One of the price documents Gerner references (Metallographic study of some 17th and 18th c, European sword (rapier) blades) lists a Toledo rapier’s maximum price as 24 “reales” (Spanish “royal” silver coin);  A sword from Seville was marked as 22 reales;  A blade from Germany was 10;  One from Genoa was 8, and those from Toulouse were also 8 reales.  While an interesting comparison, one should keep in mind that the local city leaders might well have a bias and a lot of self-interest in seeing Toledo prices set higher.

Gerner also notes that the literature of the time lauds the quality of Toledo blades, including in both Spanish and European books and plays.  Even Shakespeare makes mention of Toledo steel (Othello, Merry Wives of Windsor, Romeo and Juliet).  Using descriptions, which would have been common opinion of the time, he found certain qualities repeatedly ascribed to Toledo steel, which included:

“It had to be flexible and elastic enough to bend to a near impossible degree and return to true form without any deformation. It had to keep a keen edge and a sharp point, able to cut and pierce through materials that ranged from the difficult to the impossible, and had to be shiny and stay this way for a long time. What can be concluded from this example is, that all the virtues for a blade to be perceived as ‘good’ were related to its mechanical properties, which allowed it to perform its intended task with a varied degree of excellence.” Integrating Form, Function and Technology in Ancients Swords:  The concept of quality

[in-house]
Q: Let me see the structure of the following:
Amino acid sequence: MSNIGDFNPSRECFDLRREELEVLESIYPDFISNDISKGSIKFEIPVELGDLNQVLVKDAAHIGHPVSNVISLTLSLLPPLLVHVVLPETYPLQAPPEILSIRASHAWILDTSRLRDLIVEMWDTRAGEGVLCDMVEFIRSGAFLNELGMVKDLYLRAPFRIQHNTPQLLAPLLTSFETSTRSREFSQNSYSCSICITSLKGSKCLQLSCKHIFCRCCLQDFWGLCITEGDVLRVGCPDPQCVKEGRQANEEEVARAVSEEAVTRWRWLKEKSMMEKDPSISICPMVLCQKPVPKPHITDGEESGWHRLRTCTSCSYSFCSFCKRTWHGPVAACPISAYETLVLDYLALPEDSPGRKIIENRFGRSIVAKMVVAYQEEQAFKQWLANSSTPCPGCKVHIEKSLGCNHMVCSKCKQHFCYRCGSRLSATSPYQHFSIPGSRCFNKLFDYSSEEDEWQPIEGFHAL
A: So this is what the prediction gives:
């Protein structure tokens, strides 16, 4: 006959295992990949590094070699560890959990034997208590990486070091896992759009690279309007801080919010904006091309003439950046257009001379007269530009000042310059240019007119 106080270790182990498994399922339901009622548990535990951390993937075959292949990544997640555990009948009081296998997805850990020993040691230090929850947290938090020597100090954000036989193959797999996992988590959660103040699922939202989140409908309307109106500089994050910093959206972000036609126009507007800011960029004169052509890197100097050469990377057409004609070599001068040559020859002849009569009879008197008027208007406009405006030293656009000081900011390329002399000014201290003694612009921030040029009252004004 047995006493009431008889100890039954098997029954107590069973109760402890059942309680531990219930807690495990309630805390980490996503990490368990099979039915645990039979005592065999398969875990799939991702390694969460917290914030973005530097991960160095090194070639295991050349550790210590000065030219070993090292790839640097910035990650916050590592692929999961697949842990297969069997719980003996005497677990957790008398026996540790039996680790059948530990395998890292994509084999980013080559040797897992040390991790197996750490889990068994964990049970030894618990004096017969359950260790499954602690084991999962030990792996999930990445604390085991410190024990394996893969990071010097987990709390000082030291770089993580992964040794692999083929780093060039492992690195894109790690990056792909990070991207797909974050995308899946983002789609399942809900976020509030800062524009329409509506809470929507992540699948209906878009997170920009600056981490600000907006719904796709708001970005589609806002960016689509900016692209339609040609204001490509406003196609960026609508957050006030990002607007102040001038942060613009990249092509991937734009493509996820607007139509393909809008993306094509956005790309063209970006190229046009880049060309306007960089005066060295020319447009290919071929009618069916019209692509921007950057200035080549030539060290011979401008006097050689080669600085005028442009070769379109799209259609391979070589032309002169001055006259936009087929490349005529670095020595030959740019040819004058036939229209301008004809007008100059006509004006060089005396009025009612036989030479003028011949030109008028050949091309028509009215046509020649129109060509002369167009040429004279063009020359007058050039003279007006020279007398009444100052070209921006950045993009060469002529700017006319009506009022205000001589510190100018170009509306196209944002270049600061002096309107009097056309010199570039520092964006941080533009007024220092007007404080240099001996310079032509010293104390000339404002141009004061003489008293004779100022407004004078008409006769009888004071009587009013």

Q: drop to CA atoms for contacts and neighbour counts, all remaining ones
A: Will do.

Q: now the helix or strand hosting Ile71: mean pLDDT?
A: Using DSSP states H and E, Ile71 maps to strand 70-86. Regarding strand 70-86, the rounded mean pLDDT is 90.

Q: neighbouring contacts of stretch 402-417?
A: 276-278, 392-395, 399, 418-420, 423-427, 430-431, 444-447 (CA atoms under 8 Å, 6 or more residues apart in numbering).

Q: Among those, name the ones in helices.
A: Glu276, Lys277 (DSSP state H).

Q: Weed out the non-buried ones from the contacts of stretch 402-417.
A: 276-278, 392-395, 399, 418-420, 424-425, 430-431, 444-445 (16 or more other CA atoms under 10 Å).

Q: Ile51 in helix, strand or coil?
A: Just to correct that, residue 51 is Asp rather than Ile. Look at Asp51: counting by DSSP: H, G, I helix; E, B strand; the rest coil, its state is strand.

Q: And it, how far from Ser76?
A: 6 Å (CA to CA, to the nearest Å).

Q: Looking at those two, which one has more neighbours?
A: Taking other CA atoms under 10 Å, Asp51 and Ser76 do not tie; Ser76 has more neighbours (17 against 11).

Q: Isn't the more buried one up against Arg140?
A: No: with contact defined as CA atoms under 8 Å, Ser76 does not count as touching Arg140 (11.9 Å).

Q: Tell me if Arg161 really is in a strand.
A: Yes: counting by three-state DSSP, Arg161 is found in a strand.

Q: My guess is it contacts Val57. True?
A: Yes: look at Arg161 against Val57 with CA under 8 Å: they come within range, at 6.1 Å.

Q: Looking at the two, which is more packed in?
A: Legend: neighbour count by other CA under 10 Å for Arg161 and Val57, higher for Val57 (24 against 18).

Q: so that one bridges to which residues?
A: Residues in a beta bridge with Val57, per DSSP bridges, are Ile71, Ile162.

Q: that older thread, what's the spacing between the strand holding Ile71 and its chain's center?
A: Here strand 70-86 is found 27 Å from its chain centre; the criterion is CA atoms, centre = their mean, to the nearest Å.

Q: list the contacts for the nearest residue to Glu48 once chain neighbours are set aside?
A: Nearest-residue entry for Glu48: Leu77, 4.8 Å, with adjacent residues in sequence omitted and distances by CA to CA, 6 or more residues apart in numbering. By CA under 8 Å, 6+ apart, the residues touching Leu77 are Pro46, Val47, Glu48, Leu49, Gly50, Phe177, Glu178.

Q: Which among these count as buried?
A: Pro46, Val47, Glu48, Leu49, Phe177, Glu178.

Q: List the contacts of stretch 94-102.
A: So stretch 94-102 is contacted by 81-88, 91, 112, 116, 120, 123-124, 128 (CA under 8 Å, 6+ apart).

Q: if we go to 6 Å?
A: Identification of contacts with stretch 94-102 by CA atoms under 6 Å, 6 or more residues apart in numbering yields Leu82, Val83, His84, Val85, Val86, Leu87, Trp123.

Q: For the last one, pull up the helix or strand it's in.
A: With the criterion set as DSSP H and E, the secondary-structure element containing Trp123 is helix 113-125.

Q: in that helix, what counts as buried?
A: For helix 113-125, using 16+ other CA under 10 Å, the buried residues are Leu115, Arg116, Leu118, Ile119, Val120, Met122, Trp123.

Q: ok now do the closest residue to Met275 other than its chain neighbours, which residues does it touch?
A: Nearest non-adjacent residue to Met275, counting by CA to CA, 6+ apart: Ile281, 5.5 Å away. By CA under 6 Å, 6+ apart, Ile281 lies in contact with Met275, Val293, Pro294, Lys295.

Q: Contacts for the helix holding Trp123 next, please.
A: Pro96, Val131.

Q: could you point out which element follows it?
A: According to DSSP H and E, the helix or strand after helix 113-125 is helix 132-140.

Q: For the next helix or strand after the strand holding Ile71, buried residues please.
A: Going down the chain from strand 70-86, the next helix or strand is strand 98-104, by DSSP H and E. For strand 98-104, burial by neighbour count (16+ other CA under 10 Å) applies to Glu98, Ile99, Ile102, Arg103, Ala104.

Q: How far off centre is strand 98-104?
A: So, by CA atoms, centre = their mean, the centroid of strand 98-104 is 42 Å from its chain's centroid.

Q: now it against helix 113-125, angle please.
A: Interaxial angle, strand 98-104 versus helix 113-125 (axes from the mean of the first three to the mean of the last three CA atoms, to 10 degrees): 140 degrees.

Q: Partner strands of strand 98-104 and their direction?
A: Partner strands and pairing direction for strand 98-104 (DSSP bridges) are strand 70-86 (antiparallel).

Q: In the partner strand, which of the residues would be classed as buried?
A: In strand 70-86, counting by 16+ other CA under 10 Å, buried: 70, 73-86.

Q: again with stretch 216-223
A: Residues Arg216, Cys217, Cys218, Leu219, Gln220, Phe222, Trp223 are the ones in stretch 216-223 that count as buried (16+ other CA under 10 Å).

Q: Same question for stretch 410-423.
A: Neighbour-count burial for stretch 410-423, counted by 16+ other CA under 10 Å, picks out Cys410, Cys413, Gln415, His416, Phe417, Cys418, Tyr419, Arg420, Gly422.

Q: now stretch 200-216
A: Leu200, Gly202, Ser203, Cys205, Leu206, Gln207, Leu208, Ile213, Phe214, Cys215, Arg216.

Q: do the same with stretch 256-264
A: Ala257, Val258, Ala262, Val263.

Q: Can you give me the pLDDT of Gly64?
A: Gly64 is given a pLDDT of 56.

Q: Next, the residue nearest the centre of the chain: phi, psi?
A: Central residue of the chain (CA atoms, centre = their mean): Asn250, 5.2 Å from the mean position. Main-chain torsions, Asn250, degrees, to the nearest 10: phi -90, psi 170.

Analysis of 17th / 18th century rapiers

The two blades examined in Metallographic study of some 17th and 18th c, European sword (rapier) blades are described as “blade parts”, each part being roughly from the same section of each blade, from the tang to about 1/3 of the total length of the blade.  These were used so a to produce an equal comparison.

One blade was marked SOLINGEN, seen below


Solingen blade, with testing points marks in frame “b”. From Metallographic study of some 17th and 18th c, European sword (rapier) blades


This blade displayed a laminar construction near the tang (a steel core wrapped in carbonized iron), changing to a wholly steel core and edge as one moved up just past the tang.  The micro-structures making up the tang and base of the blade were perlite and ferrous iron, with the actual core and blade edges were found to be tempered martinsite,  capable of sustaining an extremely sharp cutting edge.  An indication of a core weld was found, suggesting the core may actually have been composed to two pieces of steel welded together.  The carbon content of the core and edges was .05%.